Adaro Indonesia helps ensure the general economic health of South Kalimantan communities where it operates through targeted initiatives to encourage self-sufficiency.
One key to the sustainability of mine-area communities, especially after mine operations cease, is development of the local economy. Toward this end, Adaro has supported the development of high-quality rubber plantations, microfinance institutions and integrated agricultural programs. We have also assisted in capacity-building through training and educational programs.
Our Community-Based Total Sanitation (CLTS) program can create multiple benefits in the areas of health improvement, economic development, educational development and socio-cultural development. We collaborate with local youth organizations and empower them to be sanitation entrepreneurs. Around 270 youth received our professional sanitation marketing training in 2014.
As the demand for better facilities increased, we encouraged the establishment of APPSANI (a sanitation organization) in Tabalong and Balangan to fulfill the need for proper, affordable sanitation. APPSANI has installed 323 sanitation facilities for villagers, generating revenue of US$43,000 and a net profit of US$17,150 in 2014.
During 2013, our economic development program focused on capacity building, increasing the participation and involvement of the beneficiaries, and increasing economic opportunities in local communities. One of the programs we carried out was Gerakan Pengembangan Adaro Mandiri (Adaro Independent Village Development), which aims to develop entrepreneurial capabilities in villages. Thus far, 106 villages around Adaro Indonesia’s operational area have participated in the program.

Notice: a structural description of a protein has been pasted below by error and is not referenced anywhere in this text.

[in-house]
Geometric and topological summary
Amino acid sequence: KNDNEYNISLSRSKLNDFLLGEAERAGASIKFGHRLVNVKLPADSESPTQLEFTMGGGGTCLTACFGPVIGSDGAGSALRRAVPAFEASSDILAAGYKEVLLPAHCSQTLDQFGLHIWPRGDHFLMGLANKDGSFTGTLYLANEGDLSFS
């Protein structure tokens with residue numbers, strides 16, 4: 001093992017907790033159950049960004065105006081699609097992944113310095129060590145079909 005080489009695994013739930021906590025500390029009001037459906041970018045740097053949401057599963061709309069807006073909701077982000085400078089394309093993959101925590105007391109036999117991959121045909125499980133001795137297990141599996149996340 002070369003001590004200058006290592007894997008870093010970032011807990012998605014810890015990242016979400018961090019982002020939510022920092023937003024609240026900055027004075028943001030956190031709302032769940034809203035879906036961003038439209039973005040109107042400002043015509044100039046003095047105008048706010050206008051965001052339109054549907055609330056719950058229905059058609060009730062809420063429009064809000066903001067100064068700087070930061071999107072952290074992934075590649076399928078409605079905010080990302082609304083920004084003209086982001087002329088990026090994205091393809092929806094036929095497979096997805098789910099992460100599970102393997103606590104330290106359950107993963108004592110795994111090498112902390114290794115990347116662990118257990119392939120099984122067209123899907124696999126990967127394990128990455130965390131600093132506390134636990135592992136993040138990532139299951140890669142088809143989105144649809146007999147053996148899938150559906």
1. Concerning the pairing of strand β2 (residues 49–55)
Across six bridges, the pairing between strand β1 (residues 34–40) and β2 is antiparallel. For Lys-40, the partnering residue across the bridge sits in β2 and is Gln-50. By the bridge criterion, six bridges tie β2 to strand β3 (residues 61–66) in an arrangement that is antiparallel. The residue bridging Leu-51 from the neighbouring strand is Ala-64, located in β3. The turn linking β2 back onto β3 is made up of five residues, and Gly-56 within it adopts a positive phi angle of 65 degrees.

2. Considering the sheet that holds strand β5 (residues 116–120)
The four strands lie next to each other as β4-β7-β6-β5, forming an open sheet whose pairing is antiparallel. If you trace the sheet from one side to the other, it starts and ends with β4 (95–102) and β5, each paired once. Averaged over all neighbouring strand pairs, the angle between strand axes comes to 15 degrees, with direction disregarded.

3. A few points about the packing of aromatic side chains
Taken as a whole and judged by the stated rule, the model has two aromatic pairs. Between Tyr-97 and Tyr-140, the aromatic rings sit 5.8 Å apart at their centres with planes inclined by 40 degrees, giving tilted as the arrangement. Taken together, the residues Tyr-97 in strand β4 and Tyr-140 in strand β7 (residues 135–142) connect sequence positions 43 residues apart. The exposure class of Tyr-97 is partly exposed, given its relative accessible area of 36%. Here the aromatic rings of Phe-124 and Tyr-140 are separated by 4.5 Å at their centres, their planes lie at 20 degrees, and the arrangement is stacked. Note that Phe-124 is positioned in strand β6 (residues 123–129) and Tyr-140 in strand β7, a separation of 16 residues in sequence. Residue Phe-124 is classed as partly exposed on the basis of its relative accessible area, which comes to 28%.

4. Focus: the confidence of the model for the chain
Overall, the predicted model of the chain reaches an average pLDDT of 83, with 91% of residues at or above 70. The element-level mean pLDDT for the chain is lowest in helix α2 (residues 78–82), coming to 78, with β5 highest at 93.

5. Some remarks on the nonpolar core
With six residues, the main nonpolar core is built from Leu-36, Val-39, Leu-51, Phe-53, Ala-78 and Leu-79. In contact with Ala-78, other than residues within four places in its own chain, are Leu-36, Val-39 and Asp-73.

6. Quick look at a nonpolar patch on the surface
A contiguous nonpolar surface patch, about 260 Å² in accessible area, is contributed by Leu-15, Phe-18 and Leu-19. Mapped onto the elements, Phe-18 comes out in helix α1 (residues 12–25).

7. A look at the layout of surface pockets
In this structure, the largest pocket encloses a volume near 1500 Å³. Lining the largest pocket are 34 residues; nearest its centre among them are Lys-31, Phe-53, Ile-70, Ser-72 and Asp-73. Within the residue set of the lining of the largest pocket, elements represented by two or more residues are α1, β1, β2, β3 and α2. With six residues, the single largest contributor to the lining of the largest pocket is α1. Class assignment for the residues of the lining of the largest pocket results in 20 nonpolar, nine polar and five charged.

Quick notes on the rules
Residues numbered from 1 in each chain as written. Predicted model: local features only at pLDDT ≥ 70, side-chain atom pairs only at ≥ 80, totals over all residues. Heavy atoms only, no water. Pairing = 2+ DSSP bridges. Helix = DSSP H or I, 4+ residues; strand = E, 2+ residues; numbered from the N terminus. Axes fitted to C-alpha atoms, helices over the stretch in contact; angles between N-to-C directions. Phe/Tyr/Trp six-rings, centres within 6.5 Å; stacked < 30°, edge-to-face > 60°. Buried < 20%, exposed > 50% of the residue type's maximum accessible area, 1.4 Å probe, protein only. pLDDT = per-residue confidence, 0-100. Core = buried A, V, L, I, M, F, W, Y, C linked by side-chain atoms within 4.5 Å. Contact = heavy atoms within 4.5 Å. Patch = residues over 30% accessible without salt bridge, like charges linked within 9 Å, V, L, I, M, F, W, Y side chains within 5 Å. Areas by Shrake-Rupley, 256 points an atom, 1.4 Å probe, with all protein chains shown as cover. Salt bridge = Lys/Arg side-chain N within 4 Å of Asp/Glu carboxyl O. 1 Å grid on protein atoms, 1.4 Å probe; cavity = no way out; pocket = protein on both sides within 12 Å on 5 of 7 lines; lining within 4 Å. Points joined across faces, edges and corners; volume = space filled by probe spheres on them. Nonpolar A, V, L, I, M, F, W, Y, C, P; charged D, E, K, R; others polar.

We also cultivate tilapia fish in a pond created in a former Paringin mine area to help local fish farmers increase productivity as well as to prove that an ex-mine area is safe for fishery development.
Previously, the main recent focus for economic development has been the expansion of rubber plantation area, benefiting 7,510 households grouped into 348 farmer groups. We set up a penyuluh pertanian lapang (agriculture instruction facility) to train and educate these farmers in good planting practices and to provide high-quality seeds and farming facilities.
We are implementing a management system for these rubber plantations that includes two arrangements: first, co-operation by hamparan (a group of farmers) to convert their unused lands into a single rubber plantation, which will be managed by the farmers’ co-operative; second, the creation of a model plantation that will be replicated in all villages surrounding Adaro Indonesia’s operational area.
We have taught the hamparan rubber farmers to organize themselves into groups known as Kelompok Tani, a practice expected to encourage better co-operation and co-ordination. We also formed an association of high-quality seed farmers to guarantee supply.
Given all of this, we expect that local farmers would be able to produce a good quality of harvest and get a fair price in return. The model plantation is also expected to serve as a learning facility for rubber farmers in each village. This will further support our goal of making rubber farming the primary alternative source of livelihood in the communities in which we operate.